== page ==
The Back-up Plan

Courtesy: AllMoviePhoto.com

Starring Jennifer Lopez, Alex O'Loughlin and Michaela Watkins. Directed by Alan Poul. 99 Minutes. PG-13

Once upon a time there were two beautiful people who met, fell in love, broke up, then got back together and got married. That's what we expect from stereotypical romantic comedies and that, plus artificial insemination, is what we get with The Back-Up Plan.

The film begins with Zoe's (Jennifer Lopez) inner monologue about how she's tired of waiting for "Mr. Right" to start a family and is ready to have a baby on her own, all the while she's tilted back and propped open for artificial insemination. Waddling out of the clinic, she steps into the pounding rain, hails a cab and jumps in. Then Stan (Alex O'Loughlin) hops in too. And then they fall in love, thus making this scene their oh-so-cute first memory together, minus the cute.

Then come the two essential components to this film: Stan is Mr. Right and Zoe is pregnant with an unknown red-haired, freckled man's children. Yes, children; she's having twins, of course. As if asking your new boyfriend to father one of your unborn children weren’t enough to scare him far, far away.

Throughout the film, Lopez does what's expected of her, which is the reason many of us watch her rom-coms. She plays the ordinary woman who falls in love, making her life extraordinary and complicated but ultimately, a dazzling fairy tale. She’s kind-hearted, innocent and determined. All the while, it's all too obvious that this is "Jennifer Lopez acting" not an ambitious, working woman named Zoe.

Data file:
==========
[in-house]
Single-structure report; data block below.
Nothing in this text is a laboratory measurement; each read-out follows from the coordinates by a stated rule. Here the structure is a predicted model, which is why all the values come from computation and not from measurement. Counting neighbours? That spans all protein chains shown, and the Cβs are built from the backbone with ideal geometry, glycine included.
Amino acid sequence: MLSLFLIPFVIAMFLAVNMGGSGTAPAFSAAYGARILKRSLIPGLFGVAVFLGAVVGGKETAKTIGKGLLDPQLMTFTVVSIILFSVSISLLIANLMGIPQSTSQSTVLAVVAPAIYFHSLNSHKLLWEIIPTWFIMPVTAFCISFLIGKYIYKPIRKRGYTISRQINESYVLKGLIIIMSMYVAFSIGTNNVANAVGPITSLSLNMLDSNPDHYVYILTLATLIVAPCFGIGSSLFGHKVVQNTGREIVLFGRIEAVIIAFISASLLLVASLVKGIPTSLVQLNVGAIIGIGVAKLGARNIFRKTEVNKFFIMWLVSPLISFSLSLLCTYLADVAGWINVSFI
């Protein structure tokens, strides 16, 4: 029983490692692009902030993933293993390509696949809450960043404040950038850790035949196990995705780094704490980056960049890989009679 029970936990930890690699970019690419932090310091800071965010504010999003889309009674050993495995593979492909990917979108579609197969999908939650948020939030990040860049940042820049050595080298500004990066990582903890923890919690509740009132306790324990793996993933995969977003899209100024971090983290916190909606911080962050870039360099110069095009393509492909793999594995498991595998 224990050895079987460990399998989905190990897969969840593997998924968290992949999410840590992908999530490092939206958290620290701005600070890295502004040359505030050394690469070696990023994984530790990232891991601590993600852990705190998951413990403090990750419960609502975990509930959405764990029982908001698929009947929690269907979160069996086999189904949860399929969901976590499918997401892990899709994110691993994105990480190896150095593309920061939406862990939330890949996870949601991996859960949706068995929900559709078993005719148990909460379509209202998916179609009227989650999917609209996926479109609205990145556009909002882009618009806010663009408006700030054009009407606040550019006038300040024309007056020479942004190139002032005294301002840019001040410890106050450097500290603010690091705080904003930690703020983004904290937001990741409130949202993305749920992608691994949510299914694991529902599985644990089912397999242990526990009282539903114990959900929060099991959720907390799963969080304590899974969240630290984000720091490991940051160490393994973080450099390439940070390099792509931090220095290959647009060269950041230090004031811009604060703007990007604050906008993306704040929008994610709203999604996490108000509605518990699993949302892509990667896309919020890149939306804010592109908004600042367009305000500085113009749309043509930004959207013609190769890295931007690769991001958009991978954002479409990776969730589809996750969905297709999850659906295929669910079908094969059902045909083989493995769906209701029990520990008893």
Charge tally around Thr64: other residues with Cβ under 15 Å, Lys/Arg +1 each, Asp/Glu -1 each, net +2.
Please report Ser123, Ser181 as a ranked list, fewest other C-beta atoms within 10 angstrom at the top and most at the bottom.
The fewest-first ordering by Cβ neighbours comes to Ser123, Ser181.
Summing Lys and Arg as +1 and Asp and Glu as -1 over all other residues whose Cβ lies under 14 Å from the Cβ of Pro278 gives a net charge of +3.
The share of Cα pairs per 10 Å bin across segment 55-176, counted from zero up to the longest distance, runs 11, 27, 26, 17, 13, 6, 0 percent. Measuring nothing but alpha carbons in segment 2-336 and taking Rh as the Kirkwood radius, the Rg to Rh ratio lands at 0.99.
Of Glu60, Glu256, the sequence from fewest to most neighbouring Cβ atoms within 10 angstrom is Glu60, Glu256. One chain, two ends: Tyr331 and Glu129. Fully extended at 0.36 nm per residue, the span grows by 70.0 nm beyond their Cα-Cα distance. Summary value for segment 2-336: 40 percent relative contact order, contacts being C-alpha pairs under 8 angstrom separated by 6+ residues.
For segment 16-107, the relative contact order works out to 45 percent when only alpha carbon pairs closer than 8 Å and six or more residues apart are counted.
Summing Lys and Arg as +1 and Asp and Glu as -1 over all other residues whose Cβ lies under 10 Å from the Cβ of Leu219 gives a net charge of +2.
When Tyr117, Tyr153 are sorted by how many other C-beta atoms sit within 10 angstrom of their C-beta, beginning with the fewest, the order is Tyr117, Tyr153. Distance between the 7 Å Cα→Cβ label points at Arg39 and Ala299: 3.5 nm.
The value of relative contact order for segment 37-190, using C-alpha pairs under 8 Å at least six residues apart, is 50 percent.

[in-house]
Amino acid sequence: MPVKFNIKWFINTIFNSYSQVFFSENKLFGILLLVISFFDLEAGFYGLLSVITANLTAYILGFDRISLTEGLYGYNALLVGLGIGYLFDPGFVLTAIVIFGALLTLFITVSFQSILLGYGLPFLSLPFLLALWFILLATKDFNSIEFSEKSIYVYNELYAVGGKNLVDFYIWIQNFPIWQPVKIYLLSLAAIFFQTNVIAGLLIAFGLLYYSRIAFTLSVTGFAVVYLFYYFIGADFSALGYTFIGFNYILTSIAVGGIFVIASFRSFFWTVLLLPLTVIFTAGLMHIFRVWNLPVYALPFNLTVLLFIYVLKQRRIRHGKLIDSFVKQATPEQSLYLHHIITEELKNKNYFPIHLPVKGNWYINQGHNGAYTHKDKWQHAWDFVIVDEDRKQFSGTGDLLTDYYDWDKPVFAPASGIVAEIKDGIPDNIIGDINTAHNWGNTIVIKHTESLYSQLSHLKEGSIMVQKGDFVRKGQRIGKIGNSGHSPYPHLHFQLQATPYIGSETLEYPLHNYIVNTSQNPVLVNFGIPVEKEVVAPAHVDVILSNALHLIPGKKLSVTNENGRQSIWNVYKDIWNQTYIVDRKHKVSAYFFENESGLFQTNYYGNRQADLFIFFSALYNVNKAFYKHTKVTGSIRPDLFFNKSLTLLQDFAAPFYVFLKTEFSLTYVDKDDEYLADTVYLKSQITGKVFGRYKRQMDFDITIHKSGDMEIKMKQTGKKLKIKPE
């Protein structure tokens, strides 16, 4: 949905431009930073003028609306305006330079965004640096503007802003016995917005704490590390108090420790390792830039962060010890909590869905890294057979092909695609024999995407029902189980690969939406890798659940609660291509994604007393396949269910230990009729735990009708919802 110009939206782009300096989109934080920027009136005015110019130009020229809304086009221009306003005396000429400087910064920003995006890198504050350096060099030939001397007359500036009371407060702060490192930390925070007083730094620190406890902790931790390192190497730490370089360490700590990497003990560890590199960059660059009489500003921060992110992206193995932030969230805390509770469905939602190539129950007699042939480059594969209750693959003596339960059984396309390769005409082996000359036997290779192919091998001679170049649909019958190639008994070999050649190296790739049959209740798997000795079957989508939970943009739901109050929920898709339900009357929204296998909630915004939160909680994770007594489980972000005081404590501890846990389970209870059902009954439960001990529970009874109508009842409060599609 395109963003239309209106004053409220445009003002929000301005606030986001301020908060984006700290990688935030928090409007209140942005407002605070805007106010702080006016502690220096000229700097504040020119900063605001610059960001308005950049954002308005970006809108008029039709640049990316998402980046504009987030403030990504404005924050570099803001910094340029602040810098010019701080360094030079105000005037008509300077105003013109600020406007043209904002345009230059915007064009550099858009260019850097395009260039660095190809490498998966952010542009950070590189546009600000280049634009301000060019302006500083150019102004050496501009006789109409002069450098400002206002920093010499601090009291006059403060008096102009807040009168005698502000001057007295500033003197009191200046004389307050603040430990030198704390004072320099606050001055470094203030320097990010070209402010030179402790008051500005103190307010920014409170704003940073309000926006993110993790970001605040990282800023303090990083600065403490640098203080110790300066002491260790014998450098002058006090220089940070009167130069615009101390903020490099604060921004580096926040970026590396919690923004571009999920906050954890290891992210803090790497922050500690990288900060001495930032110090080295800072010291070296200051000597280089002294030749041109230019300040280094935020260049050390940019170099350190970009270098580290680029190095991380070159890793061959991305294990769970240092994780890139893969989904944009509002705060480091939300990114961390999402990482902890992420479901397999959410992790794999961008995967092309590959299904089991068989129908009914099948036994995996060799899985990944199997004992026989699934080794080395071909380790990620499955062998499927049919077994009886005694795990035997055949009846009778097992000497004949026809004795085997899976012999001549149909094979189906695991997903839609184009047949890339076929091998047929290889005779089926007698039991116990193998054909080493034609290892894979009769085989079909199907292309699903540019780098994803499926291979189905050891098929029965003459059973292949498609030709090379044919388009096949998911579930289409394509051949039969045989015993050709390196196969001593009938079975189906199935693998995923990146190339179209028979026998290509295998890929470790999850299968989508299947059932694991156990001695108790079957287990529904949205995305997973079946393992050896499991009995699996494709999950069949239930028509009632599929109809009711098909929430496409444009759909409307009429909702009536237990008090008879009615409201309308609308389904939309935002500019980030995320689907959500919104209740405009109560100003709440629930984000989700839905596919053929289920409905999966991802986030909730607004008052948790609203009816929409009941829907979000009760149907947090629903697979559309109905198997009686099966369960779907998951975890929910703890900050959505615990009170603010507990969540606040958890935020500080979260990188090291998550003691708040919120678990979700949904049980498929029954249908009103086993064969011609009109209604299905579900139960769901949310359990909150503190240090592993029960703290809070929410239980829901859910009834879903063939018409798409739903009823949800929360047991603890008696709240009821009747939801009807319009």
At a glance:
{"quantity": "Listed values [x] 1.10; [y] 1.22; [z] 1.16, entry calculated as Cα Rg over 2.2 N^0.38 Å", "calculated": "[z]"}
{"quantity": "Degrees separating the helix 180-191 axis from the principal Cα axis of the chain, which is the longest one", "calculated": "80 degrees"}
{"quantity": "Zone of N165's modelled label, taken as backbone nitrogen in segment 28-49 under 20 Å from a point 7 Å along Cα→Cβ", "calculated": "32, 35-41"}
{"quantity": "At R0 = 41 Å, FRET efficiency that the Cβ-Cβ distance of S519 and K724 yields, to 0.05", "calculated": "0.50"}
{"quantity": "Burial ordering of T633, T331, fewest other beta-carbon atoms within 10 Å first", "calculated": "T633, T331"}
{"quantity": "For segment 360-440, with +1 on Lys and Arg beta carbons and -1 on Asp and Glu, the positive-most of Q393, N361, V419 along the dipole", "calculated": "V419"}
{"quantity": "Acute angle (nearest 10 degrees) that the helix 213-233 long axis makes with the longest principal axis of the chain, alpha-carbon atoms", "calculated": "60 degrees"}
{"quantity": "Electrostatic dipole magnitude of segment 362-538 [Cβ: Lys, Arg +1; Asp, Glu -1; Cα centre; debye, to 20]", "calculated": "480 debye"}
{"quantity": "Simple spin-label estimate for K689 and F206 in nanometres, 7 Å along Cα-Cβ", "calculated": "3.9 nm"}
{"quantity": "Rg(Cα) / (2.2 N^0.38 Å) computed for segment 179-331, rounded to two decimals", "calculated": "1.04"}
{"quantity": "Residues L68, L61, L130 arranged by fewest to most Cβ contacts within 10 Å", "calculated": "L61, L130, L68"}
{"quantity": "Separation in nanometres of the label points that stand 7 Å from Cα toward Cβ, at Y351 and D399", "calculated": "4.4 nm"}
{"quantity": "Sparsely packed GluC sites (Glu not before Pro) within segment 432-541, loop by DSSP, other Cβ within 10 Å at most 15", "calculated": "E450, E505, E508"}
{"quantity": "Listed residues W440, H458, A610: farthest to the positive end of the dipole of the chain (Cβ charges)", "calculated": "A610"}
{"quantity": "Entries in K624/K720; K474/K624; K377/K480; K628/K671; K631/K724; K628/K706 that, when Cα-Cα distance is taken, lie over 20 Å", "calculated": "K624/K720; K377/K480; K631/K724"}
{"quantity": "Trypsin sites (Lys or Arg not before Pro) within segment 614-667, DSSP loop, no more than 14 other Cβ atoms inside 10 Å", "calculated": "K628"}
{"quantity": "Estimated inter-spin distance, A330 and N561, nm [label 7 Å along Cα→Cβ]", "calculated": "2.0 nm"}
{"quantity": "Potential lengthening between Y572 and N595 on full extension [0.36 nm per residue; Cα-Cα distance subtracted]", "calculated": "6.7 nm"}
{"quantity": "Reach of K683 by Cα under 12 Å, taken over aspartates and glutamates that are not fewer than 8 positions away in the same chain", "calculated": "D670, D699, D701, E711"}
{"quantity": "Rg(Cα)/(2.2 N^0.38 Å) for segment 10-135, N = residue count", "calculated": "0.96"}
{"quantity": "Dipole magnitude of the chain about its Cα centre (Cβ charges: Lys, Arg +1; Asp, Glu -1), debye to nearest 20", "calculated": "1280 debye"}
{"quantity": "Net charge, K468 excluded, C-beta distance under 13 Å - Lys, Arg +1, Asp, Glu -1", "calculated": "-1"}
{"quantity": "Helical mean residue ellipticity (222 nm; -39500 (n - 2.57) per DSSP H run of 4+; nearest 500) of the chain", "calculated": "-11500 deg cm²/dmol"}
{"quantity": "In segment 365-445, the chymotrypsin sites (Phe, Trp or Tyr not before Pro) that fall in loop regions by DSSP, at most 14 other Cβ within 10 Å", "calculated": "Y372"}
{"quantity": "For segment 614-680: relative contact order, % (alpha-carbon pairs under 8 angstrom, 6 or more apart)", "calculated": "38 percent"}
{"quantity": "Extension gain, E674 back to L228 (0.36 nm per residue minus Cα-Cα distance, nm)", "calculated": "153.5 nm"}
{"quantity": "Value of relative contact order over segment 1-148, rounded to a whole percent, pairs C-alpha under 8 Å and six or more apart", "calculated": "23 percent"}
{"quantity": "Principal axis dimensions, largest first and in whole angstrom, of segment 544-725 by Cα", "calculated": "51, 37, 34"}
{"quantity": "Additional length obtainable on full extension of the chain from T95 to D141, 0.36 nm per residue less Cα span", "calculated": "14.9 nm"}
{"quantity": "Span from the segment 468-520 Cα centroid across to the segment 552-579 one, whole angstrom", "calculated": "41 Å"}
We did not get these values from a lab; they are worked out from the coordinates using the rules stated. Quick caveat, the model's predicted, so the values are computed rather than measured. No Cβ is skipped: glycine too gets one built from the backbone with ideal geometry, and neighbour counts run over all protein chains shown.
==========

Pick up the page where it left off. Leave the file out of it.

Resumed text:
O'Loughlin also fits his criteria: a full set of glistening, white teeth, smooth one-liners and almost as buff as Fabio. He's just "the guy.” It could have been Matthew McConaughey, it could have been Ralph Fiennes; the film just needed someone to wear the shoes of “the guy.” Ok, it should have never been Ralph Fiennes.

However, what can take a film like this, beyond another frolic in the park, is on-screen chemistry, which in the case of this film was not believable. But then again, nothing about this film was really believable. Not the fact that Stan made cheese for a living, that Zoe owned a pet store or that her nana was actually her nana.

The best (and most convincing) aspect of the film was Anthony Anderson’s handful of scenes with Stan at the park, cracking jokes at the woes of parenthood. Casting him as Stan’s best friend, rather than a random playground dad, would have definitely given the film a boost.

Acting, chemistry and plot aside, The Back-Up Plan works as expected. It’s a mindless escape. It serves the purpose that 1960s television did. It's unrealistic, improbable and highly predictable, but for an hour and forty-five minutes, you become absorbed by the clich├ęs and tag along for the lovey-dovey ride. C

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